How to Treat Hay Fever with Acupressure?
Hay fever is known as seasonal allergies or allergic rhinitis, and feels like a bad cold. Those afflicted may show symptoms like runny nose, nasal congestion, frequent sneezes and pressure in the sinus. Acupuncture, is the drug free alternative for allergy relief. And has been shown to be effective, even for people with allergies that are difficult to cure.
You cannot cure allergies like hay fever with acupressure because the underlying cause, an allergen, will always exist. However, you can treat hay fever symptoms with acupressure to relieve the worst problems.
Acupressure is a totally drug free natural therapy which does not bring the drowsiness or other side effects, associated with many conventional treatments. You can also use acupressure safely in conjunction with other treatments without any adverse effect.
Acupressure points to treat hay fever:
Spleen 10 (SP-10): located in a tender region of the inner side of the thigh, approximately three finger widths above the upper and inner border/corner of the knee cap. It also helps prevent blood stagnation in lower abdominal region, healing and nourishing for skin. SP10 is a major point that affects the blood. Energetically, it is a sea of blood, meaning it has a profound influence on the blood. It is a point of intersection of the chong meridian, the extraordinary vessel which is also a reservoir of blood.
Spleen 6 (SP-6): located approximately three finger widths above the inner ankle bone, in a tender region of the lower calf muscle.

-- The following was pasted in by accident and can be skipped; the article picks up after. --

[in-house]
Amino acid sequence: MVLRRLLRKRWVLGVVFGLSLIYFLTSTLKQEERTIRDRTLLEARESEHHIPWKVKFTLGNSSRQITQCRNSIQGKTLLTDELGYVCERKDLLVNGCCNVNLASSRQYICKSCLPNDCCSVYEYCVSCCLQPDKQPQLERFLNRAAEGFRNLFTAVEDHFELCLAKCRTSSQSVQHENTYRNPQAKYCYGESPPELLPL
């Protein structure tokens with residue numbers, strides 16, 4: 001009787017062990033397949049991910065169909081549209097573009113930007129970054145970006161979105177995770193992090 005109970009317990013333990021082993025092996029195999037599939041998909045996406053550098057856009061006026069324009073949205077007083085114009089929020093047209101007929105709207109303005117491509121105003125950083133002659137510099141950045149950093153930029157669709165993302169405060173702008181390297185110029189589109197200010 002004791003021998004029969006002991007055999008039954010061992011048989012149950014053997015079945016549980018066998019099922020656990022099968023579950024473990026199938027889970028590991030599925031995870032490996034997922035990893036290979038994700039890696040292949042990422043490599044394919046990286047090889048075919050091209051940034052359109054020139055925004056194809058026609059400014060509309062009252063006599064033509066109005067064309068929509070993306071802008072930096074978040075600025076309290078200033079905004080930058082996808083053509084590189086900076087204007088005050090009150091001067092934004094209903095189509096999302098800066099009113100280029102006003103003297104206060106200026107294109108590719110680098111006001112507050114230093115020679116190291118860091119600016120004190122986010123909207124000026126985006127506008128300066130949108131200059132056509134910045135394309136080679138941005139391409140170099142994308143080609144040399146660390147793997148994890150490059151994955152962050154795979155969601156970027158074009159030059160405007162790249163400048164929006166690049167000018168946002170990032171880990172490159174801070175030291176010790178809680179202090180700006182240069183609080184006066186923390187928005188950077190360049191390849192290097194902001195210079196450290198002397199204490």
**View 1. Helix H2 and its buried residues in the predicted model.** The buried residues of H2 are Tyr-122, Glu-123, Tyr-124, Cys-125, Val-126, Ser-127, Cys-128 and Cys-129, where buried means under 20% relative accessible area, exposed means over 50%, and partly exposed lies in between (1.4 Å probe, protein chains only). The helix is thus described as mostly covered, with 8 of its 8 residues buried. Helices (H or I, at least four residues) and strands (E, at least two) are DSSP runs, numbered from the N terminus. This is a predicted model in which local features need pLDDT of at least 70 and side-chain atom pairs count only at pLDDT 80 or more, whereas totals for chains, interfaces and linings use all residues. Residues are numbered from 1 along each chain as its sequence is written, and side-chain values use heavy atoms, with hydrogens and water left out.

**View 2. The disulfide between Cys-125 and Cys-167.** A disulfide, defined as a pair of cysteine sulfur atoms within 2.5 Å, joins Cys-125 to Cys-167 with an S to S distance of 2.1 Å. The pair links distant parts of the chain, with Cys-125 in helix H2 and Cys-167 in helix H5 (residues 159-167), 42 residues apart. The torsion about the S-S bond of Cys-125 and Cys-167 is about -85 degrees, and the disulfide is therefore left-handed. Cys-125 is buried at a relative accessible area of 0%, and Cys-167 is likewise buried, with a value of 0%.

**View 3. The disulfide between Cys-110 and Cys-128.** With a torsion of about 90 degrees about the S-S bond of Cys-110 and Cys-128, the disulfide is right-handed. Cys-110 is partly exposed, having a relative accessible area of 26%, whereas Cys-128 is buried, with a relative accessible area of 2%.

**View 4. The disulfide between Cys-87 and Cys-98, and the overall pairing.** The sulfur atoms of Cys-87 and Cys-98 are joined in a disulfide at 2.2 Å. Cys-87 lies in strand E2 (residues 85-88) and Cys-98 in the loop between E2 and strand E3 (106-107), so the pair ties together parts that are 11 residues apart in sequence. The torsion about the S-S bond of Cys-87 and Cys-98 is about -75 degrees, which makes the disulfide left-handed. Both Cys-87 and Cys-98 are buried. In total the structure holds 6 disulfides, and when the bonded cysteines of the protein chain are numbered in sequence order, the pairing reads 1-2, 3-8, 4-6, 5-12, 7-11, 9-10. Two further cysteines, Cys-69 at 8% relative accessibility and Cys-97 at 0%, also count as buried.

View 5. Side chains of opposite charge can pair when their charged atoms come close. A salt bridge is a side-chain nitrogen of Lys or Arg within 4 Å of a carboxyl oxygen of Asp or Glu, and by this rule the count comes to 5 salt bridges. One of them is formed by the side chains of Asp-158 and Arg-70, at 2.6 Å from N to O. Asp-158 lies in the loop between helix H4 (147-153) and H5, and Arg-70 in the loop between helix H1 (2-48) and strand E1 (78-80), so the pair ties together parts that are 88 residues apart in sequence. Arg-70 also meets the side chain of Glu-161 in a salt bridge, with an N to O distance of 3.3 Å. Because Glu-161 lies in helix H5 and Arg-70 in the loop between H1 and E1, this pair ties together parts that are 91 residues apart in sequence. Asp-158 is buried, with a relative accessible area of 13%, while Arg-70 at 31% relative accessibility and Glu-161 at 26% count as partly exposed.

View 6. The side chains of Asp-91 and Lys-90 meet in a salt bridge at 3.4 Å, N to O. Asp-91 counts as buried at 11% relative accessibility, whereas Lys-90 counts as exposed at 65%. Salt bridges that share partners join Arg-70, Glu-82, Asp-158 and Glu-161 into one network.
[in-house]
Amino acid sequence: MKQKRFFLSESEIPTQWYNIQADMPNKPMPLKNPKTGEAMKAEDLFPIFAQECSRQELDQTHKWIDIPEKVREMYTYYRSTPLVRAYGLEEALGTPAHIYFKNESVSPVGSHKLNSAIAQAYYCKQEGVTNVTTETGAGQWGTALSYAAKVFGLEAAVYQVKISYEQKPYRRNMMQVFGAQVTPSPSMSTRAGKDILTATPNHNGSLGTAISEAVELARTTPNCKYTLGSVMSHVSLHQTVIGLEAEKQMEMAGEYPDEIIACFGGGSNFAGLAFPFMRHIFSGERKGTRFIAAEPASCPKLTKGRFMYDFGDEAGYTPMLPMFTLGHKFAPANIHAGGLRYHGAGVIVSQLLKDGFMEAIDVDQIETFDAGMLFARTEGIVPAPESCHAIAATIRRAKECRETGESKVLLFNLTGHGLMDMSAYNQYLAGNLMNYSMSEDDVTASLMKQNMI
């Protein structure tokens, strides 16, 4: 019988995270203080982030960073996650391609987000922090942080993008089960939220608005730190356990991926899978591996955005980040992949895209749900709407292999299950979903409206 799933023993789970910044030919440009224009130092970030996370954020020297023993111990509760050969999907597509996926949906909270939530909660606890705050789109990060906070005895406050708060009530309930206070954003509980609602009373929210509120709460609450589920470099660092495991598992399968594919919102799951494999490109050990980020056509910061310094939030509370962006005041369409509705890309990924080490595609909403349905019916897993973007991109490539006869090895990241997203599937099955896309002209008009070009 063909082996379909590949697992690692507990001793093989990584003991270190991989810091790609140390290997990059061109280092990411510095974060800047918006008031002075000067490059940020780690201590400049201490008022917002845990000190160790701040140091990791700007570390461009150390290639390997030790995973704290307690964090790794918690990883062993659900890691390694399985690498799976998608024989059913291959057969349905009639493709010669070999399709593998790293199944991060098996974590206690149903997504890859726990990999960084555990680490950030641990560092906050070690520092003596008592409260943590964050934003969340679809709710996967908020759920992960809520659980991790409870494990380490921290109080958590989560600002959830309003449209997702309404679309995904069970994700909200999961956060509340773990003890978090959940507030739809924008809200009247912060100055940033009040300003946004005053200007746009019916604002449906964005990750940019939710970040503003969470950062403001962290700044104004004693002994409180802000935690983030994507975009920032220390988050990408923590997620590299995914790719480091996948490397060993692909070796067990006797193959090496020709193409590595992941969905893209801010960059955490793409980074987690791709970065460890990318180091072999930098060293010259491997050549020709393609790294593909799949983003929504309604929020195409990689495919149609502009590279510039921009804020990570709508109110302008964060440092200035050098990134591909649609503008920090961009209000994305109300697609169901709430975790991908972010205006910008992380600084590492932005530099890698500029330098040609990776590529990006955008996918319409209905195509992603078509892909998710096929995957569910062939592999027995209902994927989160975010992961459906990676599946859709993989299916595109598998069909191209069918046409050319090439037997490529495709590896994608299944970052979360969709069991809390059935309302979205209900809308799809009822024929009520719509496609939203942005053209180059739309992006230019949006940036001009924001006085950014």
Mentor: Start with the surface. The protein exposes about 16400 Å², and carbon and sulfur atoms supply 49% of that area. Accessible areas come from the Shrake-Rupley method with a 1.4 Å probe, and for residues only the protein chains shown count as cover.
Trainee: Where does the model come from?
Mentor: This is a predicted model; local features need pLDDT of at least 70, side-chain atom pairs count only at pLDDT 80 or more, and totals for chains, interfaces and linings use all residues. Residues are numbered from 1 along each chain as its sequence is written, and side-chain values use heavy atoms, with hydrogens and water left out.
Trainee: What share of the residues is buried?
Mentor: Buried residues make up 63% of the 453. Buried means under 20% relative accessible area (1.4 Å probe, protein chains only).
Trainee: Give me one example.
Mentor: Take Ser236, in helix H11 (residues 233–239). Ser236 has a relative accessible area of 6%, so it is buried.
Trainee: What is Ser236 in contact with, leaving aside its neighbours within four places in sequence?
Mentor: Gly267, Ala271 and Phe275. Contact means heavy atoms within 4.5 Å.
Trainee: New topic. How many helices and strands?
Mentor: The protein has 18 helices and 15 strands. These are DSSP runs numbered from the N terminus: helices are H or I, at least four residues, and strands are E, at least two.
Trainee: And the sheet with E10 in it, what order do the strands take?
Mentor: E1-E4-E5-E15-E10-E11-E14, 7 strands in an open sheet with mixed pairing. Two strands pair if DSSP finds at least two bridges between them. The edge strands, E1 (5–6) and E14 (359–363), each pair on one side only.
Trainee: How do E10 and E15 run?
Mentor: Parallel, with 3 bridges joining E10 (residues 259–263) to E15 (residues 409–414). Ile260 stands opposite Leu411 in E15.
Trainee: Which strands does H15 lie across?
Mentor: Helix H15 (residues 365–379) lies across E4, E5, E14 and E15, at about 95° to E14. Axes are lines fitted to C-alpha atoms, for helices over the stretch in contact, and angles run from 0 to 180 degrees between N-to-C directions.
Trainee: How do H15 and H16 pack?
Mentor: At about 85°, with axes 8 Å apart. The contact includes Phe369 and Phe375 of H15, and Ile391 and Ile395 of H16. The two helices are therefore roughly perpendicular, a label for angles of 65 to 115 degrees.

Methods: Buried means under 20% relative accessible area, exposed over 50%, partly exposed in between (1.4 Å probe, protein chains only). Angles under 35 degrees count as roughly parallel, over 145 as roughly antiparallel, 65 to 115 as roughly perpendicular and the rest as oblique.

Large Intestine 4 (LI-4): located in the soft, fleshy web that sits between your thumb and forefinger. According to the theory of Acupressure, this important source point helps re-establish the energy balance of the meridian. Acupressure on LI 4 has been shown to help alleviate constipation and has also been beneficial for some in helping to relieve headaches.
Liver 3 (LR-3): located in the soft flesh that sits between your big and second toes, LR-3 is the equivalent of LI-4 on your foot. Liver 3 and Spleen 6 strengthen the blood. It helps address fatigue, headaches, insomnia related to “busy mind”, hangovers, eye issues (swelling, pain) and alleviates pain. It’s also helpful in energizing. Some people feel a “great surge” of energy move from their feet, up their legs and bodies; hence the name.
Acupressure helps us getting relief from hay fever by diminishing inflammation of passage and improving the immune system’s response to allergens. It is not a quick fix; it can take up to 10 sessions before you notice improvement.
Apply deep massage to the following acupressure points for a few minutes, two times a day:
Regarding Acupressure: in general, you should feel around for a tender spot in each of the regions described above. You should apply enough pressure to feel a mild, dull, achy pain. If you have varicose veins, do not massage any of your muscle groups without first consulting with your family doctor.
It is best to massage each point on both sides of your body.
You need to take extra care to get seasonal allergies under control, and for this purpose you might try these tips:
- Avoid all sources of MSG and artificial sweeteners; both are known to damage the cells that make up your nervous system.
- Take a high quality probiotic on a daily basis - this is the easiest step that you can take right away to improve immune system strength.
- Consider doing a juice fast to help remove stored toxins from your tissues, particularly from the insulating sheath that surrounds your nervous system.
- Ensure adequate vitamin D status. Vitamin D is essential for optimal nervous system and immune system health.